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UBERMORGEN, Leonardo Impett, Joasia Krysa: The Next Biennial Should Be Curated by a Machine
2021


The Next Biennial Should Be Curated by a Machine reimagines the future of curating in the light of Artificial Intelligence as a self-learning human-machine system. Developed as a collaboration between artists UBERMORGEN, digital humanist Leonardo Impett, and curator Joasia Krysa, this project features a group of technical machine learning processes collectively named B3(NSCAM).

The B3(NSCAM) software uses datasets from Liverpool Biennial and the Whitney Museum, among other sources. It processes them linguistically and semiotically, calculating a future probability for words to appear, to generate endless combinations of possible instances of Biennials in flux. These imagined occurrences manifest as texts—seemingly conventional artist biographies, curatorial statements, press releases, and art magazine reviews—which engage in a continuous process of rewriting themselves. Always remaining fluid and ungraspable, the texts are presented in windows on a range of animated visual backgrounds that allude to the sixty-four parallel universes of possible Biennials constructed by the AI.

Clicking on the interface's spinning wheels will launch a new Biennial universe on an animated graphic constructed from sources such as NASA and sci-fi imagery. Each universe is accompanied by a soundtrack from the TikTok playlist, alluding to the mix of creative expression and preconfigured elements in digital tools. The respective universes are created by subtle changes in the software's parameters, for example giving more weight to one data set—such as the Whitney or Liverpool Biennial—over another, or simply generating variations of biographies for artists with the same first or last name. Together these textual and graphic universes of Biennials narrate and visualize the impossible, absurd endeavor of an AI to curate on the basis of what it has learned from sources compiled by people and human understandings of art.

This project includes a background with a flashing graphic effect.

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The Next Biennial Should Be Curated by a Machine is commissioned by Liverpool Biennial and the Whitney Museum of American Art, with support from Liverpool John Moores University, Pro Helvetia, Federal Chancellery of Austria, and the City of Vienna. The project is accessible through the websites of Liverpool Biennial and the Whitney Museum of American Art's online platform artport.


UBERMORGEN is an artist duo founded in 1995. Autistic actionist lizvlx and pragmatic visionary Hans Bernhard are net.art pioneers and media hackers widely recognized for their high-risk research into data and matter, haute couture websites and polarizing social experiments. CNN called them "Maverick Austrian Business People" during their Vote-Auction online project. They reached a global audience of 500 million while challenging the FBI, CIA, and NSA during the U.S. presidential election. In 2005, they launched their acclaimed EKMRZ Trilogy, a series of conceptual hacks: Google Will Eat Itself, Amazon Noir, and The Sound of eBay. UBERMORGEN occupies 175 domains. Their exhibition history includes the New Museum, New York; Somerset House, London; Haifa Museum of Art, Israel/Palestine (2019); Wei-Ling Contemporary, Kuala Lumpur, Malaysia; HKW, Berlin; ZKM, Karlsruhe, Germany; National Art Gallery, Bulgaria (2017); ICA Miami, USA; Mahatma Gandhi Institute, Mauritius (2015); Serpentine Galleries, London (2014); Kunsthal Aarhus, Denmark; Ars Electronica, Austria; MoMA Ljubljana, Slovenia; ArtScience Museum, Singapore (2013); 3331 Arts Chiyoda, Japan (2012); Centre Pompidou, Paris; Gwangju Design Biennale, Korea; WRO Media Art Biennale, Wrocław, Poland (2011); Prague Biennale, Czech Republic (2009); Biennale of Sydney, Australia (2008); MOCA Taipei (2007); The Premises, Johannesburg, South Africa; ICC Tokyo, Japan (2005); SFMOMA, USA (2001).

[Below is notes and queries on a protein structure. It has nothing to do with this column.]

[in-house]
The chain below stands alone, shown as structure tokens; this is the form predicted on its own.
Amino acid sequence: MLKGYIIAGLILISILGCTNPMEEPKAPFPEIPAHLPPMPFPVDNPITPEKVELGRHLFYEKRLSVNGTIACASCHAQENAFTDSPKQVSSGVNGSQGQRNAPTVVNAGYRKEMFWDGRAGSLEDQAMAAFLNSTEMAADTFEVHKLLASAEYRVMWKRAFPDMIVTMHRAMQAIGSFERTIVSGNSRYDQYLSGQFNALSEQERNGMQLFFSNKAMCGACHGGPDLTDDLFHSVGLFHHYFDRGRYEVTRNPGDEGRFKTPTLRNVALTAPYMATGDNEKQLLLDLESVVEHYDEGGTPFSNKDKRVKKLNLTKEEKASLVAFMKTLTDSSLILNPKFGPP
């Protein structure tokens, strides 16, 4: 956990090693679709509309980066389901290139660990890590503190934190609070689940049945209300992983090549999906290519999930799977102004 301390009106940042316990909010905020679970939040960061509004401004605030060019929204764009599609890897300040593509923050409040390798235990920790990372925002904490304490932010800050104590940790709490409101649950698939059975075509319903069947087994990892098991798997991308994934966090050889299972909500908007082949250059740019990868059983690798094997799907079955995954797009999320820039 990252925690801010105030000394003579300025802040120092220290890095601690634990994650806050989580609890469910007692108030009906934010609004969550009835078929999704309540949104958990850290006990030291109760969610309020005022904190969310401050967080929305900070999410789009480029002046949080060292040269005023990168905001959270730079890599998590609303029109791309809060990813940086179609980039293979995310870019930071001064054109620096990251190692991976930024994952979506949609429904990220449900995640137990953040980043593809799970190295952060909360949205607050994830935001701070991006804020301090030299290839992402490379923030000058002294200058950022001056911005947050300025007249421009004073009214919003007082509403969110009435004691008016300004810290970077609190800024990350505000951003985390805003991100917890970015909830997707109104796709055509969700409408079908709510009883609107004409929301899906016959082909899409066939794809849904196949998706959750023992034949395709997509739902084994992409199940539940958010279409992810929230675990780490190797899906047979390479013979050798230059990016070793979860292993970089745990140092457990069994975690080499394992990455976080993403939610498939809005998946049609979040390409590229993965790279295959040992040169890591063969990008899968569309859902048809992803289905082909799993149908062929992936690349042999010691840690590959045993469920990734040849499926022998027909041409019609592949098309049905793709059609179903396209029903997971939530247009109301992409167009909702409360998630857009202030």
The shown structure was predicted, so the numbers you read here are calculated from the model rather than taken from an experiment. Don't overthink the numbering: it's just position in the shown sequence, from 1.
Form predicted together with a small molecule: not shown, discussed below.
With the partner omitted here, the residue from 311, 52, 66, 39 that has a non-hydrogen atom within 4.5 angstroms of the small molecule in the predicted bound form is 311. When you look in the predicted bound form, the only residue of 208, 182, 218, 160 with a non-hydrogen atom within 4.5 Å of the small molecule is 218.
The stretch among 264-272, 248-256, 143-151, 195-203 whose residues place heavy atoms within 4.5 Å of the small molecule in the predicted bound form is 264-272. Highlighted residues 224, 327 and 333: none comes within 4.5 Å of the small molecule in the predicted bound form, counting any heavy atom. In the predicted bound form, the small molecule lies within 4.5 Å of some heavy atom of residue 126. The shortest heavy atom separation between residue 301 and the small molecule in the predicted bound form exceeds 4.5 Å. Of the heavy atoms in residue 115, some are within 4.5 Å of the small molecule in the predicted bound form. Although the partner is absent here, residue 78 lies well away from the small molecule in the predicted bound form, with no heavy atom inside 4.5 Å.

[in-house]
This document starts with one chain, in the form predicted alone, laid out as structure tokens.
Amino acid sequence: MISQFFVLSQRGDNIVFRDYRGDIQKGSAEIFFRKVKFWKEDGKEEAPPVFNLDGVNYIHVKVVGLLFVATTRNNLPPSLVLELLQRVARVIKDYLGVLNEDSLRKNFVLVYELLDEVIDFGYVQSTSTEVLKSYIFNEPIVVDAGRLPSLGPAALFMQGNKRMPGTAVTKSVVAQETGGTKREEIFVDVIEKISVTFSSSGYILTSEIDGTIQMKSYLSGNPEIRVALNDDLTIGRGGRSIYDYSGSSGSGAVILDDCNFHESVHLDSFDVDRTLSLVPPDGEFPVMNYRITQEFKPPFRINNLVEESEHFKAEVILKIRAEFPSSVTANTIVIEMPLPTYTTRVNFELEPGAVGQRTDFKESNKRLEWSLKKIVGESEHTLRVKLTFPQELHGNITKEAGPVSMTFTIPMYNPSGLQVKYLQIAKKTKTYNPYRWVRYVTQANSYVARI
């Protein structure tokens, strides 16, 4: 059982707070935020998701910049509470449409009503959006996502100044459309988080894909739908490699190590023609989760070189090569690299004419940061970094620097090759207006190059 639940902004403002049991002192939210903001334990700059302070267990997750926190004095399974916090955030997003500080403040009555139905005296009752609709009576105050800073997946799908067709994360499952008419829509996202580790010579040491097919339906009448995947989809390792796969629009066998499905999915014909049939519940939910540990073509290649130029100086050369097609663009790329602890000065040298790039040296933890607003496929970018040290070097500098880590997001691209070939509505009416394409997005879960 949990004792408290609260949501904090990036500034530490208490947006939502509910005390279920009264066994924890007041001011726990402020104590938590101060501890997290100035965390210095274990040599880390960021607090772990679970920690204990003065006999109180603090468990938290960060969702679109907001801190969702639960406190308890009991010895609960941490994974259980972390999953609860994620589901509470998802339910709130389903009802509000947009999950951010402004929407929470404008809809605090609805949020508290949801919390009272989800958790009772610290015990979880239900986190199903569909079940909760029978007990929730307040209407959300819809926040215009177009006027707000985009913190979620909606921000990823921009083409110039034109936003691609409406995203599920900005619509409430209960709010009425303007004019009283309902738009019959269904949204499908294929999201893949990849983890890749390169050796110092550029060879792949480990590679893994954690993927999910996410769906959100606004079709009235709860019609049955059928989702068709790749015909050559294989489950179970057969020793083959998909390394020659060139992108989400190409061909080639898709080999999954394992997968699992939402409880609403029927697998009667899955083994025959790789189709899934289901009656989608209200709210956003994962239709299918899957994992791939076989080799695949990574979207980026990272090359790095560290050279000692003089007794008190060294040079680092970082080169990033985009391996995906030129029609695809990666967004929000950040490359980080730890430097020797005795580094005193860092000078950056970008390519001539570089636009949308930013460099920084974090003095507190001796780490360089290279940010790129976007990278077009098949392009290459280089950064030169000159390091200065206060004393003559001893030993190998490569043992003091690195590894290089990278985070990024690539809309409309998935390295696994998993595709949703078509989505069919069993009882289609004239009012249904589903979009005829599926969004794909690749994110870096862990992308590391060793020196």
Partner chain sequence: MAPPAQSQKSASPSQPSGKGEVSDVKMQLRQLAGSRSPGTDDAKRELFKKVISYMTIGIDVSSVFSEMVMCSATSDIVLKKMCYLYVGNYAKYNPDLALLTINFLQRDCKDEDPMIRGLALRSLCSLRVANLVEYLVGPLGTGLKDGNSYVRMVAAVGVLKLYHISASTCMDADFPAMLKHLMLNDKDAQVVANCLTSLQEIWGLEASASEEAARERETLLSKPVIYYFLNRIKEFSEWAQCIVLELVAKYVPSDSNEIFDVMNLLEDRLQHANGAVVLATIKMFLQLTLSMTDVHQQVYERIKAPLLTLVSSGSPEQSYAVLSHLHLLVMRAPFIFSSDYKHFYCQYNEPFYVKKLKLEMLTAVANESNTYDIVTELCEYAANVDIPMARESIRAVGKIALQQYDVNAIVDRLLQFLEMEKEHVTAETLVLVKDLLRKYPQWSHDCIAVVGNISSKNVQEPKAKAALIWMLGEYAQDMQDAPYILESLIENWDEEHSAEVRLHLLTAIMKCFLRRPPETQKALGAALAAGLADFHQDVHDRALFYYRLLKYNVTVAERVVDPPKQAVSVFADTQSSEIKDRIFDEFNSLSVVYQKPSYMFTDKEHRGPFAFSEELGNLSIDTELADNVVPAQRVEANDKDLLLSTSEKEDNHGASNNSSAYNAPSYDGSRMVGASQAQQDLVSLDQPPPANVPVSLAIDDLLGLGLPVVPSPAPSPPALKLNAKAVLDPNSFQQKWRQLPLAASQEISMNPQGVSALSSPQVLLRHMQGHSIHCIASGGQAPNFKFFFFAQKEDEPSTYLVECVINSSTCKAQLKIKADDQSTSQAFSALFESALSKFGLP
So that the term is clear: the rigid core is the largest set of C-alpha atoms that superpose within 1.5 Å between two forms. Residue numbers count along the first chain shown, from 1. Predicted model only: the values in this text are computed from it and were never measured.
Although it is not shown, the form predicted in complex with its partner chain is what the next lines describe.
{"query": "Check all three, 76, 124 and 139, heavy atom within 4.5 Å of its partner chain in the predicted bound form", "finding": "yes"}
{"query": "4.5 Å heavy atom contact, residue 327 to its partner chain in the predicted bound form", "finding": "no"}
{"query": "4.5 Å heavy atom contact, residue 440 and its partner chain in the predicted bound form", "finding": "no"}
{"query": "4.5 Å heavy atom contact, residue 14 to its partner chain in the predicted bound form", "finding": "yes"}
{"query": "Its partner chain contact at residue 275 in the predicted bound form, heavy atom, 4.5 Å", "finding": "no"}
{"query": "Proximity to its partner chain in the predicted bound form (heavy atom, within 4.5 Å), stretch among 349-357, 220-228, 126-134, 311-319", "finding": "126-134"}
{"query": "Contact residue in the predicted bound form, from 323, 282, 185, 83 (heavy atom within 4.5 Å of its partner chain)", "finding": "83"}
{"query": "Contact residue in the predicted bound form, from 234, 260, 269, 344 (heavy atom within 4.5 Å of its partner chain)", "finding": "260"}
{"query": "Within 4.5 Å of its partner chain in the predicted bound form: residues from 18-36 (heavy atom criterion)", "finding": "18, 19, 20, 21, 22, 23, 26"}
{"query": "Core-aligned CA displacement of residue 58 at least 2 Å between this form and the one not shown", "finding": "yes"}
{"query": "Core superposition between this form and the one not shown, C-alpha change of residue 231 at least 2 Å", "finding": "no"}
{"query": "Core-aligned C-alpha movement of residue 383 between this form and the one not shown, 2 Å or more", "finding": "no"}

Leonardo Impett is a digital humanist working at the intersection of computer vision and art history. In trying to bring "distant reading" to visual studies, his current research focuses on unveiling the implicit image-theories of computer vision and constructing new computer vision systems based on early modern philosophies of vision. He is assistant professor of computer science at Durham University, and was previously a digital humanities scientist at the Max Planck Institute for Art History, Rome; a digital humanities fellow at the Harvard University Center for Italian Renaissance Studies; a member of the Image and Visual Representation Laboratory at EPFL; a visiting fellow at Cambridge University Digital Humanities; and an associate researcher at the Orpheus Institute for Artistic Research in Music, Ghent.

Joasia Krysa is a curator, professor of exhibition research, and head of art and design at Liverpool John Moores University, in partnership with Liverpool Biennial. Her first curatorial software experiment was launched at Tate Modern in 2005 and published in Curating Immateriality (2006). She has curated at the intersection of art and technology, amongst others as part of the curatorial team of Documenta 13, co-curator of Liverpool Biennial 2016; and artistic director of Kunsthal Aarhus, Denmark. She currently serves as a curatorial advisor for Sapporo International Art Triennale SIAF 2020 in Japan and Helsinki Biennale 2021.


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